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No Mercy Here"Gender, Punishment, and the Making of Jim Crow Modernity"$
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Sarah Haley

Print publication date: 2016

Print ISBN-13: 9781469627595

Published to North Carolina Scholarship Online: September 2016

DOI: 10.5149/northcarolina/9781469627595.001.0001

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PRINTED FROM UNIVERSITY OF NORTH CAROLINA PRESS SCHOLARSHIP ONLINE (www.northcarolina.universitypressscholarship.com). (c) Copyright University of North Carolina Press, 2017. All Rights Reserved. Under the terms of the licence agreement, an individual user may print out a PDF of a single chapter of a monograph in CSO for personal use (for details see http://www.northcarolina.universitypressscholarship.com/page/privacy-policy).date: 18 November 2017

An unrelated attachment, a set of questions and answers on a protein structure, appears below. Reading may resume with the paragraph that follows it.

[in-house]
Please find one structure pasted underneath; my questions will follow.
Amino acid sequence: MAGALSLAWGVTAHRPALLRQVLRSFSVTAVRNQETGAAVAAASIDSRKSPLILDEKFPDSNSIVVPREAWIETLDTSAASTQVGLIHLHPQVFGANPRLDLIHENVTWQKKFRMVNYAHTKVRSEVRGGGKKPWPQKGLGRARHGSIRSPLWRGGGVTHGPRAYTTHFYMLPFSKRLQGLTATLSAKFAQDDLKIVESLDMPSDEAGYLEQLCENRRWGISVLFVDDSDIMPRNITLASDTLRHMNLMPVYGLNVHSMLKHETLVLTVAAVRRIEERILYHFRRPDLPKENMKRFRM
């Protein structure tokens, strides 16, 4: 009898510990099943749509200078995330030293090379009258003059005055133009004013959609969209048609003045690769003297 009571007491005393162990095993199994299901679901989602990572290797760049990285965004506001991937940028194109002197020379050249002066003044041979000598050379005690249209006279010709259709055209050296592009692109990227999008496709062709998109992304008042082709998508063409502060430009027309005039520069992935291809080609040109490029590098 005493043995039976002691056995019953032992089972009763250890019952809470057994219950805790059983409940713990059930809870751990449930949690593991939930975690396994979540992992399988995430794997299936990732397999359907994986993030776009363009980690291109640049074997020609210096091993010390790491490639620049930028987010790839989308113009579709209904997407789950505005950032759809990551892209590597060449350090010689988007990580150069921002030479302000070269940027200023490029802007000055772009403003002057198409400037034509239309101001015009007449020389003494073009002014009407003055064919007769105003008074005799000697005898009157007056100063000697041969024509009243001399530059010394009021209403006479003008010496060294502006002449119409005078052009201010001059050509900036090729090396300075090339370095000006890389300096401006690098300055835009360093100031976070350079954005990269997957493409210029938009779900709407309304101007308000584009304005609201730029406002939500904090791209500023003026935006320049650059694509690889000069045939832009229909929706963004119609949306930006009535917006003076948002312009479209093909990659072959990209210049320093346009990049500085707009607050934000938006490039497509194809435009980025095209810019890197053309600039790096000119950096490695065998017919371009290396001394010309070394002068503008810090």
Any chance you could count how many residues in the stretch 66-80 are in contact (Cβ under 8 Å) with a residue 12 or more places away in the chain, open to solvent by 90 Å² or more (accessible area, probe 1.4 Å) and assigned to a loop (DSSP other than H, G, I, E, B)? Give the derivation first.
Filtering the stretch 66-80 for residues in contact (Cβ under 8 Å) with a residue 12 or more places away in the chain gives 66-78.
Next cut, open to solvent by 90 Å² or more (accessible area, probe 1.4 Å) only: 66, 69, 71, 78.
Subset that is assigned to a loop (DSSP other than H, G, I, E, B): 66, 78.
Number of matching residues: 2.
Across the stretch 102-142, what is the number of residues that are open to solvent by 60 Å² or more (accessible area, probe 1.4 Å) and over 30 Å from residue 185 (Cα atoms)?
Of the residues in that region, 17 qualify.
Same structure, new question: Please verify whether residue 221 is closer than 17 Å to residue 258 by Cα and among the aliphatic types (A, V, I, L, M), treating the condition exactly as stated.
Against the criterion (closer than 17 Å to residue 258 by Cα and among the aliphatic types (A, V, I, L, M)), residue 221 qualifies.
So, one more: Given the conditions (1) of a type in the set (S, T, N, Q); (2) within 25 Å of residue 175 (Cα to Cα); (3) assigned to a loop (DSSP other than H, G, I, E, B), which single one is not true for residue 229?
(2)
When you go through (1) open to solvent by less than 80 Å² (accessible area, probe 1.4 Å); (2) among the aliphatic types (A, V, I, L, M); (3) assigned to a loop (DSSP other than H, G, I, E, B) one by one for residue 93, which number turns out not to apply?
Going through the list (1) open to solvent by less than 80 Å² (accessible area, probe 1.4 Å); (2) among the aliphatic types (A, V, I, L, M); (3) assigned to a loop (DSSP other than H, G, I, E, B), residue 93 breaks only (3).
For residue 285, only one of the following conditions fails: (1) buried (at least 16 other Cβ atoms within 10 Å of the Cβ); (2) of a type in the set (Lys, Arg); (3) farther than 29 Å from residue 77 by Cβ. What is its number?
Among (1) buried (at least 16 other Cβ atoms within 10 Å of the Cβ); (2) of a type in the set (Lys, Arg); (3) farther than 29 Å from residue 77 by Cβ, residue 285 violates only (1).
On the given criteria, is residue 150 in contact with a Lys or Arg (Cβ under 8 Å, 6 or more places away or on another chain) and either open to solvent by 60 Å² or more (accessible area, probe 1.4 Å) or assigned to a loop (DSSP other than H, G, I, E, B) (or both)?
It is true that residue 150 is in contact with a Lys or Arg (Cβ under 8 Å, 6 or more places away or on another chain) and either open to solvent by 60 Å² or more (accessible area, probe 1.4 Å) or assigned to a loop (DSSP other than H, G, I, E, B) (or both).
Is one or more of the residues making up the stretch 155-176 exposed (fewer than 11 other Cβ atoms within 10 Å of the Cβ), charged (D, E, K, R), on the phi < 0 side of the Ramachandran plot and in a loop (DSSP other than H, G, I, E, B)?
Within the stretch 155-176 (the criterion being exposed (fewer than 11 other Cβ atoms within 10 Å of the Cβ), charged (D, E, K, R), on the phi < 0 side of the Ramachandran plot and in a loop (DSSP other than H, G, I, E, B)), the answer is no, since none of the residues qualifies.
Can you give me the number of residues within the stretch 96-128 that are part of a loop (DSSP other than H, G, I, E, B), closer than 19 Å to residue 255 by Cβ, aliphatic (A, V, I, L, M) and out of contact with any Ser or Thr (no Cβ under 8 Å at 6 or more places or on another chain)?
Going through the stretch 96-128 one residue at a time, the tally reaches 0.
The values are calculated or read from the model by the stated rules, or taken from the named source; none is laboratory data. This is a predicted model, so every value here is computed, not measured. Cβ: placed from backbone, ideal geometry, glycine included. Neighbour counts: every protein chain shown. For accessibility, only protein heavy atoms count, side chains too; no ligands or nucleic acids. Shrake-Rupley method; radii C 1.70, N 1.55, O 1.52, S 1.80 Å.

Sabotage and Black Radical Feminist Refusal

Sabotage and Black Radical Feminist Refusal

Chapter:
(p.195) Chapter Five Sabotage and Black Radical Feminist Refusal
Source:
No Mercy Here
Author(s):

Sarah Haley

Publisher:
University of North Carolina Press
DOI:10.5149/northcarolina/9781469627595.003.0005

This chapter examines imprisoned black women’s practices of refusal and black feminist abolitionist consciousness, through both daily practices of carceral sabotage and blues expressive culture. Spanning resistance practices in Georgia and Mississippi, chapter five argues that black women’s anticarceral theorizations of power prefigured the watershed insights of critical race theory. Blues compositions by both legendary popular artists as well as relatively unknown imprisoned musicians constituted powerful interrogations of the nexus of sexual, racial, gendered, and economic subjugation in the maintenance of carceral power while simultaneously suggesting a future beyond prisons.

Keywords:   Blues, Critical race theory, Refusal, sabotage, Abolition, Black feminism

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